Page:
Sitka Fine Arts Camp builds new walkways around Odess Theater, Allen Hall



WalkwaysConceptDrawingVisitors to the Sitka Fine Arts Camp may have noticed the new walkways and landscaping around Odess Theater and Allen Hall this summer.

The new walkways were built thanks to the support of Carol Odess and other donors, according to Sitka Fine Arts Camp Director Roger Schmidt, and they make the Odess Theater and Allen Hall buildings more accessible. The new landscaping was designed by Sitka architect Monique Anderson using the 1910 architect’s plan for the Sheldon Jackson College campus.

The project started this winter, and concrete was poured in April for the new walkways. During the 100 Volunteers Day at the end of April, volunteers helped with the landscaping, planting flowers, shrubs and even some strawberries along the walkways.

“Of course there is still a lot of work to do on campus,” Anderson said. “A future project will be realigning the quad walkways to the historical road alignment. The Sitka Sea Walk spur to Lincoln Street was positioned to line up with this future alignment. Sitka Fine Arts Camp will be seeking donors for this work.”

Click this link to see the design and reasoning for the project. A slideshow of scenes from the construction, with Carol Odess in one of the photos, (courtesy of the Sitka Fine Arts Camp) is posted below.

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Sitka National Historical Park trail-building crews start work on River View Trail improvements

A National Park Service trail crew is working on the River View Trail in Sitka National Historical Park. (Rachel Waldholz, KCAW-Raven Radio)

A National Park Service trail crew is working on the River View Trail in Sitka National Historical Park. (Rachel Waldholz, KCAW-Raven Radio)

This week, the Sitka National Historical Park welcomed a trail-building work crew from Skagway that started making improvements to the park’s River View Trail. Details about the project were made public in this story that aired Thursday, Oct. 24, on KCAW-Raven Radio, and in the press release posted below.

Improvements Abound in Sitka National Historical Park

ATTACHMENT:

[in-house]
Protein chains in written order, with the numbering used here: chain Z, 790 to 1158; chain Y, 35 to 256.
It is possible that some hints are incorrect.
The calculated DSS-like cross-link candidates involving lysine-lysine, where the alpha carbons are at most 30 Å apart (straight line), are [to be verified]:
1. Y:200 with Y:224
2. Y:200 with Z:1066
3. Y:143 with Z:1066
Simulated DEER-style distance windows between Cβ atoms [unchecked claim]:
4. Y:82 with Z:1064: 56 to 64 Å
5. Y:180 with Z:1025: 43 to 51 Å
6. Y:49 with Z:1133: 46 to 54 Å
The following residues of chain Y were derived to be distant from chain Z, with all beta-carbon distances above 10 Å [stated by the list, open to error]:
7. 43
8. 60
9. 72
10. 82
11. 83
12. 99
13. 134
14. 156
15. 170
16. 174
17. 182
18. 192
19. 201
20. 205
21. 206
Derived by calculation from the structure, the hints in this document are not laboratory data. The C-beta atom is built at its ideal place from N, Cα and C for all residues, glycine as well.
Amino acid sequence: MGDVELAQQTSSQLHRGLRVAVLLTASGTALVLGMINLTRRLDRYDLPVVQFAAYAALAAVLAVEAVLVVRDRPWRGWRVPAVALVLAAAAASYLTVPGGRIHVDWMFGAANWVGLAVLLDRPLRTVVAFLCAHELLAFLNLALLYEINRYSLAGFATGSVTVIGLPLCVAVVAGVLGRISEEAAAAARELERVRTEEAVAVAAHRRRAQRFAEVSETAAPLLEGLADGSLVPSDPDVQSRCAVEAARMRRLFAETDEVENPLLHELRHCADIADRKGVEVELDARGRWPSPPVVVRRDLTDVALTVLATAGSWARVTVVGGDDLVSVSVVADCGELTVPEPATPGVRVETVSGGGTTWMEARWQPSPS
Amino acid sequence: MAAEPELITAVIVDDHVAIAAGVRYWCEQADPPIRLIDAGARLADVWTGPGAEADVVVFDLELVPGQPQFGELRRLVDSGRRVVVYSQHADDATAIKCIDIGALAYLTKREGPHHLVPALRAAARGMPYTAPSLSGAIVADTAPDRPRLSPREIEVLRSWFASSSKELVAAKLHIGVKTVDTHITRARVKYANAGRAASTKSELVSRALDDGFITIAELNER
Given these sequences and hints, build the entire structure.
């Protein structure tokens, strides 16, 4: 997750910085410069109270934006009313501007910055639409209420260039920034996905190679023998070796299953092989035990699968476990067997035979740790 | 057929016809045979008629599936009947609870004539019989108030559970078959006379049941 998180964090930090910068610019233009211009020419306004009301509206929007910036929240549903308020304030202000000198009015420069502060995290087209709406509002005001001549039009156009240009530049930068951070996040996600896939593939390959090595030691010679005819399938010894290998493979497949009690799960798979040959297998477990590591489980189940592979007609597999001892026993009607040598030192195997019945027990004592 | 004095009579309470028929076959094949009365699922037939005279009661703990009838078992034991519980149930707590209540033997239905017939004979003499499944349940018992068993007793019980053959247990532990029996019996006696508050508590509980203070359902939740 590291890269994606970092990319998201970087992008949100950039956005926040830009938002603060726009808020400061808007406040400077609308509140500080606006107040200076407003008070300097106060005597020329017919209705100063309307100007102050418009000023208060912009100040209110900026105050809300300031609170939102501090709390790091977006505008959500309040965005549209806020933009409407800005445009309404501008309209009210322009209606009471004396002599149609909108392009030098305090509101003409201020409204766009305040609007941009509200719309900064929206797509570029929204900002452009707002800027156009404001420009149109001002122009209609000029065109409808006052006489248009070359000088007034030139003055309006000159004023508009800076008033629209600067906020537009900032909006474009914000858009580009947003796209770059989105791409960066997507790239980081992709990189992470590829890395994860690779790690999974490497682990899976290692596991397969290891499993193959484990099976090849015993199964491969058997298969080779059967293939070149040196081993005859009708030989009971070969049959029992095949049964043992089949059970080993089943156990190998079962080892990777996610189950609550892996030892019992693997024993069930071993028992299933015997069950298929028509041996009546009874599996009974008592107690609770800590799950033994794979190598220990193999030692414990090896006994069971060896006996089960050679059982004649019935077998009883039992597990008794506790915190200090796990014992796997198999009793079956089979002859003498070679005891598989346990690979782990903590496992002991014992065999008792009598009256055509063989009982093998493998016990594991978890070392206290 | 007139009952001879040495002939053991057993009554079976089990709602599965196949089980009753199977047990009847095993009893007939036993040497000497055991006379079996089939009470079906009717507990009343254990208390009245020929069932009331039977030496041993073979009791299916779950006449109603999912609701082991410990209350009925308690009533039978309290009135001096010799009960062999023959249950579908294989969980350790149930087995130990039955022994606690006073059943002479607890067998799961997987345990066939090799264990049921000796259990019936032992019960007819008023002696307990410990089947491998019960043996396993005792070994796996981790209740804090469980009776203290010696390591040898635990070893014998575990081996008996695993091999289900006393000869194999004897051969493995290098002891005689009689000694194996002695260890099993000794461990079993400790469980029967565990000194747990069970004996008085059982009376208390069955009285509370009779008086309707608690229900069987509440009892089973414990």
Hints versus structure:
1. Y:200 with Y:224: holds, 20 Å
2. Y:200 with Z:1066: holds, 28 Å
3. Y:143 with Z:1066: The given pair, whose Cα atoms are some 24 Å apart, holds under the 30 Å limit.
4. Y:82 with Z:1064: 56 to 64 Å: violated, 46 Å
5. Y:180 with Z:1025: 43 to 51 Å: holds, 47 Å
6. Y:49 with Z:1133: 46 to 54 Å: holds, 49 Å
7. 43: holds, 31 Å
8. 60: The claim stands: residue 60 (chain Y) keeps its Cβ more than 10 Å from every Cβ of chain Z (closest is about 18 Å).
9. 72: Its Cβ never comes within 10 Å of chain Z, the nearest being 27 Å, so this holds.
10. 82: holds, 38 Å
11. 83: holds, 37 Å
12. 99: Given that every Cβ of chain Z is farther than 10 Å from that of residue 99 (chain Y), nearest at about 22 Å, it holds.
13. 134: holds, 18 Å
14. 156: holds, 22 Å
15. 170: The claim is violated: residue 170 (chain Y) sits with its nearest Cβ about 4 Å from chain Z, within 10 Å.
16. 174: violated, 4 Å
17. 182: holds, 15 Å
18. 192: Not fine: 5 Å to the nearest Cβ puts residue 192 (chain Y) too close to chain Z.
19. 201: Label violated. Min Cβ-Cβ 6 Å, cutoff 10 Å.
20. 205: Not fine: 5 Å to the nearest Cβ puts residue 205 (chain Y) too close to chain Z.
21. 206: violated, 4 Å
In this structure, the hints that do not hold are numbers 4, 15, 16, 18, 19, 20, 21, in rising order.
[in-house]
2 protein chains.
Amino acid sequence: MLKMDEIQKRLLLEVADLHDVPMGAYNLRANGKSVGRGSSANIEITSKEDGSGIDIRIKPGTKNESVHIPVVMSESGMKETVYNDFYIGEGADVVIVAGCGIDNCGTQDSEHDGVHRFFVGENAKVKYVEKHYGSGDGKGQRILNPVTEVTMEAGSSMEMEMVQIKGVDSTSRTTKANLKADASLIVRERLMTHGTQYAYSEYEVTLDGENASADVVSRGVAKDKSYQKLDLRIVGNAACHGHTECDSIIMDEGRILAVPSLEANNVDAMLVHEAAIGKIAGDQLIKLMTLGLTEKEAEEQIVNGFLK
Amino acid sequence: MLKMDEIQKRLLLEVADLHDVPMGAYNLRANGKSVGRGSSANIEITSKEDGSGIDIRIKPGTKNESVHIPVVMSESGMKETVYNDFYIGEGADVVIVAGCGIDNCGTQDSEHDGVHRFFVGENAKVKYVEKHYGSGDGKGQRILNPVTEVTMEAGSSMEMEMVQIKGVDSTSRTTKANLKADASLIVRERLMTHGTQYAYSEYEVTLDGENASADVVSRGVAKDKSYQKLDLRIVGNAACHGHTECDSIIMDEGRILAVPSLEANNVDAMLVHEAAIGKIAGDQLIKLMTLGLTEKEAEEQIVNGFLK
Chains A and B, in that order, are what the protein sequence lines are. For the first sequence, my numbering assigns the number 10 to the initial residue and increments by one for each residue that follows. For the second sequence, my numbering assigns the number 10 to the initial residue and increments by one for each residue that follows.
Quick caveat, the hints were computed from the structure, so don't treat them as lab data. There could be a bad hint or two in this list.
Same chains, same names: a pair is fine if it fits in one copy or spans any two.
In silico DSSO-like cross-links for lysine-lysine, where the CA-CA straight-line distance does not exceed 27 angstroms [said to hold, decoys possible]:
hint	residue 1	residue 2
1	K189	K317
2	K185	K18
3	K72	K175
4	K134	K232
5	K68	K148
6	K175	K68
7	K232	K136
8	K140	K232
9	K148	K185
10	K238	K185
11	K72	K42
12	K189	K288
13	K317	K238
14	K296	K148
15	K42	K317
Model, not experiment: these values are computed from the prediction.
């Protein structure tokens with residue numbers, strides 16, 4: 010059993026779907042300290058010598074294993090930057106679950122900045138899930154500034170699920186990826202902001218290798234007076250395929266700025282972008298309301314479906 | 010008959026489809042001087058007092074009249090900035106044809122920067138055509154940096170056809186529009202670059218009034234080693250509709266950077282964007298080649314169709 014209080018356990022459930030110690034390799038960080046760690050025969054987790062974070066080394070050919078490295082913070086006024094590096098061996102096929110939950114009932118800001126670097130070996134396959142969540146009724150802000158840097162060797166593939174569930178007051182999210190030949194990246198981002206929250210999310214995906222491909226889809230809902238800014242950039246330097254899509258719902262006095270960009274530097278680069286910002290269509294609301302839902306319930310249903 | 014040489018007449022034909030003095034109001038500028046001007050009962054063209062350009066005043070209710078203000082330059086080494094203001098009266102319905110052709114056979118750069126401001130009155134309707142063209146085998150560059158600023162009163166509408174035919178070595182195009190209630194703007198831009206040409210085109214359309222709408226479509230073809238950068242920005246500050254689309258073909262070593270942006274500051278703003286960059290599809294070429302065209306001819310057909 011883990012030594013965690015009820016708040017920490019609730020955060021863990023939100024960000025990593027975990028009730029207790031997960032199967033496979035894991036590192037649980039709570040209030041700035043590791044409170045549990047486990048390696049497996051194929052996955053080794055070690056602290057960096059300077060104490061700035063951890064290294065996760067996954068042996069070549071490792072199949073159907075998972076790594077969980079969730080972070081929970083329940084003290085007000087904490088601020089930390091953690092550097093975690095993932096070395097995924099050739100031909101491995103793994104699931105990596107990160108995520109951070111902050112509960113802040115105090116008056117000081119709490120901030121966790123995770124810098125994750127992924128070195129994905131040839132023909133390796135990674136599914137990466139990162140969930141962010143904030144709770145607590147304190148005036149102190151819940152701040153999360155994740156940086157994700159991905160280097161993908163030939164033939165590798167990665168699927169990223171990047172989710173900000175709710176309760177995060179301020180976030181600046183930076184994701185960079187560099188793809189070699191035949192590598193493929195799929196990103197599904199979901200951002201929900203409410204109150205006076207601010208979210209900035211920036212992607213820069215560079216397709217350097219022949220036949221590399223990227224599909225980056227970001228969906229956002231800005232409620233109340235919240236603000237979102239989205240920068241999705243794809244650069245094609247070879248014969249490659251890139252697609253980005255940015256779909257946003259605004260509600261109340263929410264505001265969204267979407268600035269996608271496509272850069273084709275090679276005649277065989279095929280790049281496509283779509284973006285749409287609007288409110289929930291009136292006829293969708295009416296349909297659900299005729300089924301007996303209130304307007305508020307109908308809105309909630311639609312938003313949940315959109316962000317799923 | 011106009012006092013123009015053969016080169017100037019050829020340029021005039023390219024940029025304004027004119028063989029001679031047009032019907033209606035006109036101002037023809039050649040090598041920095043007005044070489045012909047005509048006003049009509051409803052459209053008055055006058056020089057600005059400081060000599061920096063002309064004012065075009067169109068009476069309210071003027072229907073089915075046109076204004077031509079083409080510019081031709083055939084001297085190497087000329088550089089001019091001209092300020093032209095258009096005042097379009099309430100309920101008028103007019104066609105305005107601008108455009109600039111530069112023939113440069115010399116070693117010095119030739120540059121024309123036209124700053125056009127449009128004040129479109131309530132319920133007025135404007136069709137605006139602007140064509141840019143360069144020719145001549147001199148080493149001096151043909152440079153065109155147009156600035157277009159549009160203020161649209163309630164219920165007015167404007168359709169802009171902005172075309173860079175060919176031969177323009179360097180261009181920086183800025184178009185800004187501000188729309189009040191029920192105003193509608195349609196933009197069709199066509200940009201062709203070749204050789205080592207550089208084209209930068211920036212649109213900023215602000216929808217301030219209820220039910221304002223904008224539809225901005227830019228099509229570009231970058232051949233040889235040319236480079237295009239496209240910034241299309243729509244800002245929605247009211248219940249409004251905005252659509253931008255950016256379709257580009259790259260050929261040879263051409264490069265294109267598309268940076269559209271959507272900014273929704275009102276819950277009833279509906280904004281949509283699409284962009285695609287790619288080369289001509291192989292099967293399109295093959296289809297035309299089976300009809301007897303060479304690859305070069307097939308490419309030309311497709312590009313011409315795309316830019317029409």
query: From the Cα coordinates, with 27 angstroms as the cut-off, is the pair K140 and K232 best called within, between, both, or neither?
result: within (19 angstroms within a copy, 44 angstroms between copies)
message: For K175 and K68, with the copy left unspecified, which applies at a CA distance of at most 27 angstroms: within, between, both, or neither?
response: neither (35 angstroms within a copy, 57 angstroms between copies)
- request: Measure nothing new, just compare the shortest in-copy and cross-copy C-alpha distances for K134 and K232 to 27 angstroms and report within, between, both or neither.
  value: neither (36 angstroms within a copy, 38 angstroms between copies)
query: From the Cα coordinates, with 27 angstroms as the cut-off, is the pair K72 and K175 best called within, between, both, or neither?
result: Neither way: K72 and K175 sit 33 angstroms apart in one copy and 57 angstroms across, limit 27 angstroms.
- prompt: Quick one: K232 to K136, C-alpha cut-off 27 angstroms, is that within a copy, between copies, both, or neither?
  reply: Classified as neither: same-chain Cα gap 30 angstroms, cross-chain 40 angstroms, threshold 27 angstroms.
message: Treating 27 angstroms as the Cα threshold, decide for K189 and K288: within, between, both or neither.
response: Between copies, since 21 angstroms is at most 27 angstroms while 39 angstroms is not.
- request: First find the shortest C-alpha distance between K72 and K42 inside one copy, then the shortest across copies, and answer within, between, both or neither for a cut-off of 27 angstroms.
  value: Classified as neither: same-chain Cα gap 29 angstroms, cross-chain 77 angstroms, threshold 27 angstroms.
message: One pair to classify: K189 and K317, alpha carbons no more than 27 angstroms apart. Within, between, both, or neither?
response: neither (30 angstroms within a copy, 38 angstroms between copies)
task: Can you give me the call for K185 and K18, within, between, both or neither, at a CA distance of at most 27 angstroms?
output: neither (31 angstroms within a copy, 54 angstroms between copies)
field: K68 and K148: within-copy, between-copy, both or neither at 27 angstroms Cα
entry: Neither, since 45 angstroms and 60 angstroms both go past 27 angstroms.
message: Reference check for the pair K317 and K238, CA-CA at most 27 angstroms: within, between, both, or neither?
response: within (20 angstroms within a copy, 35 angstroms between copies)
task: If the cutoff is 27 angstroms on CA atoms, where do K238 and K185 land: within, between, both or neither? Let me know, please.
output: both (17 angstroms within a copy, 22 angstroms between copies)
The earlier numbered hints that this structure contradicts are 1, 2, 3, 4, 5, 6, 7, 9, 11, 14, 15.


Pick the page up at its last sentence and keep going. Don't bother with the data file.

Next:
SITKA NATIONAL HISTORICAL PARK  (Oct. 23, 2013) — Great things are on the horizon at Sitka National Historical Park.  Here is a preview of the many improvements slated for this winter.

Work begins this week on the long-awaited completion the River View Trail.  The first phase of the trail project, which was completed in 2011, evolved as a response to the Sitka Sustainable Outdoor Recreation Action Plan.  This plan identified the community’s desire to see improved access through the park and the development of underutilized areas.  The second phase of this project will shift focus to the repair and rehabilitation of the old section of trail that was previously owned by Sheldon Jackson College and which terminates at the bike path on Sawmill Creek Road.  This project is funded in part by entrance and campground fees collected throughout the National Park Service units.

Over the course of the next four weeks, Sitka National Historical Park staff in conjunction with the Klondike Gold Rush National Historical Park (Skagway) trail crew will work together to improve the trail’s existing grade, remove wooden stairs and eliminate potential tripping hazards. The trail will be compacted and made sustainable for the future.  For those who are interested in being a part of this trail improvement project, the park will host a volunteer trail work day in November.  Stay tuned for more information about how you can make a lasting difference in your park!

Be prepared to also learn a little as you navigate your way through the park.  All of the park’s directional signage and outdoor interpretive signage (waysides) will be replaced over the course of the next year. The new directional signage, which will be mounted on stained cedar posts, will assist new and out-of-town visitors in finding their way around the park.  Seventeen new waysides will replace the outdated interpretive signage along the Totem Trail and in front of the Russian Bishop’s House.  The signs, which are fully accessible, will cover the Battle of 1804, the totem poles, Russian-American history and the ecology of the temperate rain forest.

About the National Park Service. More than 20,000 National Park Service employees care for America’s 401 national parks and work with communities across the nation to help preserve local history and create close-to-home recreational opportunities. Learn more at or visit our Facebook page:!/SitkaNationalHistoricalPark.